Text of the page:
<section style={`background-image: url(${character.image})`}>
            <h2>{character.name}</h2>
        </section>
    {/each}
</main>

<style>
    h1, h2 { 
        font-family: 'Segoe UI', Tahoma, Geneva, Verdana, sans-serif;
    }

    main { 
        display: grid;
        grid-template-columns: repeat(auto-fill, minmax(200px, 1fr));
        grid-template-rows: repeat(4, 200px);
        row-gap: 10px;
        column-gap: 10px;
    }

    section { 
        position: relative;
        background-size: cover;
    }

    h2 { 
        display: none;
        position: absolute;
        bottom: 0px;
        margin: 0px;
        padding: 10px;
        background: rgba(255, 255, 255, .5);
        width: 100%;
        font-weight: bold;
    }

    section:hover > h2 { 
        display: block;
    }
</style>
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Next, execute the generate command to create the files needed for your query:

npx houdini generate
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And that's it! If you haven't already, start the SvelteKit dev server with npm run dev and navigate to http://localhost:3000.

Notice there was no need to write your own load function. The only thing you had to do was write the query and then generate the runtime. One important thing to keep in mind is that every time you change your query, you will have to run the same generate command for things to take effect.

So happened to load?

That's where the preprocessor comes in. One of its jobs is to move the actual request logic into a load function. You can think of the above code as roughly equivalent to:

<script context="module">
    export async load({fetch}) {
        return { 
            props: {
                _data: await fetch({
                    text: `
                        query AllCharacters {
                            characters { 
                                results { 
                                    name
                                    id
                                    image
                                }
                            } 
                        }
                    `
                })
            }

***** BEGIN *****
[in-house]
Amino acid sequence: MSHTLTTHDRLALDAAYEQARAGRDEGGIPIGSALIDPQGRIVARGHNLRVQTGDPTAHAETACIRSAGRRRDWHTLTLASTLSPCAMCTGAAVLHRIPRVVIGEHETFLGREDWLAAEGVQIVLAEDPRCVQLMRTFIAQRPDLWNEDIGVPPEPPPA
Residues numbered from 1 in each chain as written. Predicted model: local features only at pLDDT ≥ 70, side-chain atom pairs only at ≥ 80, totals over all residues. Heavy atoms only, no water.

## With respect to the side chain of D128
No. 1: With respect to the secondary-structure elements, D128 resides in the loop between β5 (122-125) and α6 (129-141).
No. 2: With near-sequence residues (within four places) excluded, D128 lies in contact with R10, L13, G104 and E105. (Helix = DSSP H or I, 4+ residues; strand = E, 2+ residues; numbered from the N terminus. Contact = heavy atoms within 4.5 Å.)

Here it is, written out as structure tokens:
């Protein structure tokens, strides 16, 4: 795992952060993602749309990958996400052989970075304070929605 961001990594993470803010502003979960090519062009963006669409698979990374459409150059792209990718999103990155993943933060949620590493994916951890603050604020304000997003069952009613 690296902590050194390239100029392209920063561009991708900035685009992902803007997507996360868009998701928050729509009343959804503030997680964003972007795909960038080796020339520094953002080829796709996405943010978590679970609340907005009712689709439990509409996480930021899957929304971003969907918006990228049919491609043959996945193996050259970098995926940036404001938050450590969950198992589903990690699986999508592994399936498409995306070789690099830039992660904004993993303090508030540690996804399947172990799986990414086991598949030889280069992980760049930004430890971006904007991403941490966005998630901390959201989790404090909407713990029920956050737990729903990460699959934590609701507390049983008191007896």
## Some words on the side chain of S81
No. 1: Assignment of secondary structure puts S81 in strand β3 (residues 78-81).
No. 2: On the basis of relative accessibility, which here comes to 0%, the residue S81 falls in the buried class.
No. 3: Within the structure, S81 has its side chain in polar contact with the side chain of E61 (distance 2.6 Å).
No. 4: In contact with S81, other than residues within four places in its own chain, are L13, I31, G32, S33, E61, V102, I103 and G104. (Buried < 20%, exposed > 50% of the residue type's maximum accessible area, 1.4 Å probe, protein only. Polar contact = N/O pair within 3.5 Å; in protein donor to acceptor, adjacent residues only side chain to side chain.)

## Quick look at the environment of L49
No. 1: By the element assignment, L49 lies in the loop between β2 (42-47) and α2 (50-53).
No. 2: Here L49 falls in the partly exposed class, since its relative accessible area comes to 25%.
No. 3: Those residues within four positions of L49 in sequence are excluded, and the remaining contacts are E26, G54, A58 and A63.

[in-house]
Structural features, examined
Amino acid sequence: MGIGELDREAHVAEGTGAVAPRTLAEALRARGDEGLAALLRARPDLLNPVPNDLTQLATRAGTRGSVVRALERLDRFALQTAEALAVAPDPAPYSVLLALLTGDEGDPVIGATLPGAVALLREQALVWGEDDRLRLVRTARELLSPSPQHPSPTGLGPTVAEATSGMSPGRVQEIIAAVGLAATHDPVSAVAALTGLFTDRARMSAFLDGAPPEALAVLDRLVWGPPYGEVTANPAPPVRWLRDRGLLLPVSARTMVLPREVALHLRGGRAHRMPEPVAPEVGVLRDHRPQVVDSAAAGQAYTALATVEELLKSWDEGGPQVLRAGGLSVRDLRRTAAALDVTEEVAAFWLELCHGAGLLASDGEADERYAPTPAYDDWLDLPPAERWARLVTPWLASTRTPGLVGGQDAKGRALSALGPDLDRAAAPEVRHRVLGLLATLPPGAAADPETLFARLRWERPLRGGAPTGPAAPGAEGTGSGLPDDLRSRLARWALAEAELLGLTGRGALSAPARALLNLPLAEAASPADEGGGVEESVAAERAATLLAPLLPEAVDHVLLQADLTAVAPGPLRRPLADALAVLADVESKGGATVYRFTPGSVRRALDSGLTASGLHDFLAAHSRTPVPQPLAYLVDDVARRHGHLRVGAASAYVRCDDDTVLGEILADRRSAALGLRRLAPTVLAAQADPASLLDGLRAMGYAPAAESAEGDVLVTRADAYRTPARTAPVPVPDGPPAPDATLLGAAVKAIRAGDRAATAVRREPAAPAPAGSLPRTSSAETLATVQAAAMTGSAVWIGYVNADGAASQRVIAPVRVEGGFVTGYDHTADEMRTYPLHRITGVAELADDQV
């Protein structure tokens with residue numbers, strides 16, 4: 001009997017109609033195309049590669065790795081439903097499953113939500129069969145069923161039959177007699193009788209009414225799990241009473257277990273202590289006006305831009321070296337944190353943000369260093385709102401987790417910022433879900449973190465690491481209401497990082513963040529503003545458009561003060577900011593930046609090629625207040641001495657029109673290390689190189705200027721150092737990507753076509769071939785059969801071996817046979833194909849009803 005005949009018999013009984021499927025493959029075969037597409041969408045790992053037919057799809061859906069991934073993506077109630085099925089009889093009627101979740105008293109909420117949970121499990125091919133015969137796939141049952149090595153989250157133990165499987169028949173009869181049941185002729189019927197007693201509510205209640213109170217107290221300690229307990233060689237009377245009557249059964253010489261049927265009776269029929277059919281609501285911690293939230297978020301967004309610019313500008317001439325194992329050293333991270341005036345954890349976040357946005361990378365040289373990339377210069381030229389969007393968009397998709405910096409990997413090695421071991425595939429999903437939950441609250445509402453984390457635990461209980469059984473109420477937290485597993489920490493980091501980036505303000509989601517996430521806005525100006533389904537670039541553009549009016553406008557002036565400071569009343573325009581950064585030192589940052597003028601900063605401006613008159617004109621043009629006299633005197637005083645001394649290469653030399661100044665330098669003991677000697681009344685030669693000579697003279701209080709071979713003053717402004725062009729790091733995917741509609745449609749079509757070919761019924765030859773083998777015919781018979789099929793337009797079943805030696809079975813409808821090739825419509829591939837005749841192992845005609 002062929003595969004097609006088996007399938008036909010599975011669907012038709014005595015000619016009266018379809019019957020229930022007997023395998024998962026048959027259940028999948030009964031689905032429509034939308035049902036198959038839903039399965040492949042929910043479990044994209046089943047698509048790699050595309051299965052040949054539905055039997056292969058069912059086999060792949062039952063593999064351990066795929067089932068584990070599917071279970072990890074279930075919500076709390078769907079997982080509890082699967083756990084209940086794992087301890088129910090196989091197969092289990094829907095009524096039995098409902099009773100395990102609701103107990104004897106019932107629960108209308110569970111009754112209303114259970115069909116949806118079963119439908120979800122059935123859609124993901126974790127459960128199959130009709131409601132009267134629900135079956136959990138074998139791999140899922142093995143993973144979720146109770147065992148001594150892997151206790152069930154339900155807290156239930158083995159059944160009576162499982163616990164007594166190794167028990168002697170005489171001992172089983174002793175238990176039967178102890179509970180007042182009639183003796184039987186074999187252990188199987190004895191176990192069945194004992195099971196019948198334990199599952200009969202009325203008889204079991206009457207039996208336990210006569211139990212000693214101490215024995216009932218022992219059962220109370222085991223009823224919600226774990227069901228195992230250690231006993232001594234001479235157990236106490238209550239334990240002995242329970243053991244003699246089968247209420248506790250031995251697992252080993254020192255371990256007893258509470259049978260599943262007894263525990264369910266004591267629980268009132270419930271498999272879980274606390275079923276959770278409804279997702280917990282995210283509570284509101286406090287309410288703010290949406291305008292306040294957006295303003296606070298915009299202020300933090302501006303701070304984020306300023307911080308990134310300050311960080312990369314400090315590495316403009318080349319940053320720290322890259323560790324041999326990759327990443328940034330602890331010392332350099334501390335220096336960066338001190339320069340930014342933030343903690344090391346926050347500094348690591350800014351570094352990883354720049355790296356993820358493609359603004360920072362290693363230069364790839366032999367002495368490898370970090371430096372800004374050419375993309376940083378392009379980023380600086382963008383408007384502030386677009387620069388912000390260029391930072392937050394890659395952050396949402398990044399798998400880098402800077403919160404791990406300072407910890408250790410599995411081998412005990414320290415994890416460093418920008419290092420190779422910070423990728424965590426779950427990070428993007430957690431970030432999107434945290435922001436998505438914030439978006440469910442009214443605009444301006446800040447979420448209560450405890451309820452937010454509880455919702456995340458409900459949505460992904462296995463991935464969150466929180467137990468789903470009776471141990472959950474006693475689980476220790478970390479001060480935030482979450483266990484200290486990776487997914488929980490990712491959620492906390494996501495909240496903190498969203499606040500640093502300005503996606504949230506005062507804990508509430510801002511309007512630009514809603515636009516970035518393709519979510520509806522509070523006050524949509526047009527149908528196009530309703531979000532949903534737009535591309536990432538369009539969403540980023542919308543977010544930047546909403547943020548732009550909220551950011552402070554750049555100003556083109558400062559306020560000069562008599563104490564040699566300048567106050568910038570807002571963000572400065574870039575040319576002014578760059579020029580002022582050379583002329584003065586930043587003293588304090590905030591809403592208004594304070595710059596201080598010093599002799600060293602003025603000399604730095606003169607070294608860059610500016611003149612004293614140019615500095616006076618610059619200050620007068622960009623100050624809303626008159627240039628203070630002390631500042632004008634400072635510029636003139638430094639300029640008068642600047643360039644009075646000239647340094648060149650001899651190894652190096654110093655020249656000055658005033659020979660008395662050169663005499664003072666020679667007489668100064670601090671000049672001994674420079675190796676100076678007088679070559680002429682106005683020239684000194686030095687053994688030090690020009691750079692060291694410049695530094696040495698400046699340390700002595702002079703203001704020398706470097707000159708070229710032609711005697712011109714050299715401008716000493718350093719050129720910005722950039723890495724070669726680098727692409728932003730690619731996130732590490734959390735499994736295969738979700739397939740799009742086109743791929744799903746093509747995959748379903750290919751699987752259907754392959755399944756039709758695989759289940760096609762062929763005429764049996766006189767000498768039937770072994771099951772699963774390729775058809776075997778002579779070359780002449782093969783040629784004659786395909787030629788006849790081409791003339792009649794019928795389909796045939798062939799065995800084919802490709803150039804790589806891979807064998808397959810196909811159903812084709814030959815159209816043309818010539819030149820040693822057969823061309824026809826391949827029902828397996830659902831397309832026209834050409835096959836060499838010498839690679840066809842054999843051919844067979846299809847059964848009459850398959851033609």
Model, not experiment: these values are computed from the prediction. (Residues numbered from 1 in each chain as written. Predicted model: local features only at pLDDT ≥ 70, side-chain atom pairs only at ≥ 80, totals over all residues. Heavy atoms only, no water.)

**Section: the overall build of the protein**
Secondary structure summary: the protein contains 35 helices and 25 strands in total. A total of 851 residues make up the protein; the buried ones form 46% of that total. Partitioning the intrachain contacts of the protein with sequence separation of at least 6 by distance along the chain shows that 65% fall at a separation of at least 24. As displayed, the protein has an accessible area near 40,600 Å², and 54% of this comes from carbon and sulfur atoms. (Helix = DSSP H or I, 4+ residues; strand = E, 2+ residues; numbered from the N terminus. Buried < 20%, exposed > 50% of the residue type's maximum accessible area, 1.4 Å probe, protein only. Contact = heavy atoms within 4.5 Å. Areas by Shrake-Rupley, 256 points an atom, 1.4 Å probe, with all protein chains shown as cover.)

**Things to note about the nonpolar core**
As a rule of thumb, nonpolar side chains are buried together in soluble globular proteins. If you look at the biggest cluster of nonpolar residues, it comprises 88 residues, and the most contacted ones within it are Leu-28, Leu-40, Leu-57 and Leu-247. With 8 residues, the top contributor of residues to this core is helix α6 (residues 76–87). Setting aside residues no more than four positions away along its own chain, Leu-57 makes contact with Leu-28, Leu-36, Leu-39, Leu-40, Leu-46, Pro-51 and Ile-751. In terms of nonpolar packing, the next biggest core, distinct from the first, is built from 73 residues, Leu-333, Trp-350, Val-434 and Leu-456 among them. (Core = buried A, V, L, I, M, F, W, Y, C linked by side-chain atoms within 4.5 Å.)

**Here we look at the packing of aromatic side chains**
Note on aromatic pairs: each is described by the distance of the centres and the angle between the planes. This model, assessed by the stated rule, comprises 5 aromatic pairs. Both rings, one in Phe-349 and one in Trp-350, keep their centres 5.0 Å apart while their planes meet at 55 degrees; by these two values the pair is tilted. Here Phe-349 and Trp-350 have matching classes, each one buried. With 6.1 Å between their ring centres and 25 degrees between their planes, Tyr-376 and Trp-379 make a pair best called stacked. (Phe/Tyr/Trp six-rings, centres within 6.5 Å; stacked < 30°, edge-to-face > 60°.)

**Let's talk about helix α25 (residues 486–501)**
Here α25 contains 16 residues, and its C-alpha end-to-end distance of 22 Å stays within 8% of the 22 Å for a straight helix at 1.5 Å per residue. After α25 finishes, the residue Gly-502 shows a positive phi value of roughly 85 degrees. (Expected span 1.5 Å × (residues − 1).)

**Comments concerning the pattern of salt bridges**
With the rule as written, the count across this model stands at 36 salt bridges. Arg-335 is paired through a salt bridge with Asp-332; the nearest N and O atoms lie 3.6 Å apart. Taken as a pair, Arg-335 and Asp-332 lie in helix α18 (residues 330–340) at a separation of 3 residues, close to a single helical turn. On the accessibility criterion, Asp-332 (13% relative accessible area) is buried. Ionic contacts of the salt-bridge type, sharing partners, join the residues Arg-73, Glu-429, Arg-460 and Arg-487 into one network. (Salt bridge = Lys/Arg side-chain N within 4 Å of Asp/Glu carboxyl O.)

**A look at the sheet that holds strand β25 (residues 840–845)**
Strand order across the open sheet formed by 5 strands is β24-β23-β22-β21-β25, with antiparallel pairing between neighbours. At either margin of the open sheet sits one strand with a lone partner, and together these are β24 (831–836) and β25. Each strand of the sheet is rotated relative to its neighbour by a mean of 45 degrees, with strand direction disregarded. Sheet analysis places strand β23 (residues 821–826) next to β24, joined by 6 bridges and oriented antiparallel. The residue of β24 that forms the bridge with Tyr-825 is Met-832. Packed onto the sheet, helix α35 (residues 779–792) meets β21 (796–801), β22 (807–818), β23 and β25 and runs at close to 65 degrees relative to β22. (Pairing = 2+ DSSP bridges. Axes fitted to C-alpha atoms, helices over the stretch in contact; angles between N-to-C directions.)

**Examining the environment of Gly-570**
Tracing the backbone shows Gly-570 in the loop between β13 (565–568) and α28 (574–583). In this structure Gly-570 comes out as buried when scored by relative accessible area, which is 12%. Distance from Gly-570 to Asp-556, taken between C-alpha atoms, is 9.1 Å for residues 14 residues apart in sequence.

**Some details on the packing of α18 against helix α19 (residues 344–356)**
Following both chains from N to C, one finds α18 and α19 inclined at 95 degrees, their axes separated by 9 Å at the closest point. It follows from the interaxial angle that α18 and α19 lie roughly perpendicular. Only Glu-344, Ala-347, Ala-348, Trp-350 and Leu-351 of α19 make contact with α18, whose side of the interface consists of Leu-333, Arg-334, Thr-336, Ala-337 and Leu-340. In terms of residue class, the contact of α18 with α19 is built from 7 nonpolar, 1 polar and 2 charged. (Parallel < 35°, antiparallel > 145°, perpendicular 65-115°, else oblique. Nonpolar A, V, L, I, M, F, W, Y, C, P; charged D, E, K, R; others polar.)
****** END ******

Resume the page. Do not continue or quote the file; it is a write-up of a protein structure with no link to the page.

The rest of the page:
}
    }
</script>

<script>
    export let _data

    const data = readable(_data, /* ... */)
</script>

...
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That's it for now!

In this post, we setup a project with SvelteKit and houdini, created a single page driven by a GraphQL query, and generated the runtime necessary for the application to run.

I wanted to keep this short and sweet to show how easy it is to get something going but Houdini can do a lot more than just fire single queries. If you want to find out more, head over to the project page on Github. That's currently the best place to go for more information. If you would like to read an in-depth series of posts that covers more of houdini's features (fragments, mutations, subscriptions, pagination, etc), let me know in the comments!

Discussion (4)

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vladimirdrayling profile image
Vladimir Drayling

Thank you!

I got $data is undefined. Fixed it with

{#if $data}
    {#each $data.characters.results as character (character.id)}
        <section style={`background-image: url(${character.image})`}>
            <h2>{character.name}</h2>
        </section>
    {/each}
{:else}
    loading
{/if}
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pixelmund profile image
Julian Sigmund

Awesome!

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alecaivazis profile image
Alec Aivazis Author

Thanks! Glad you liked it :)

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geetee profile image
GeeTee

Just tested: perfect, great !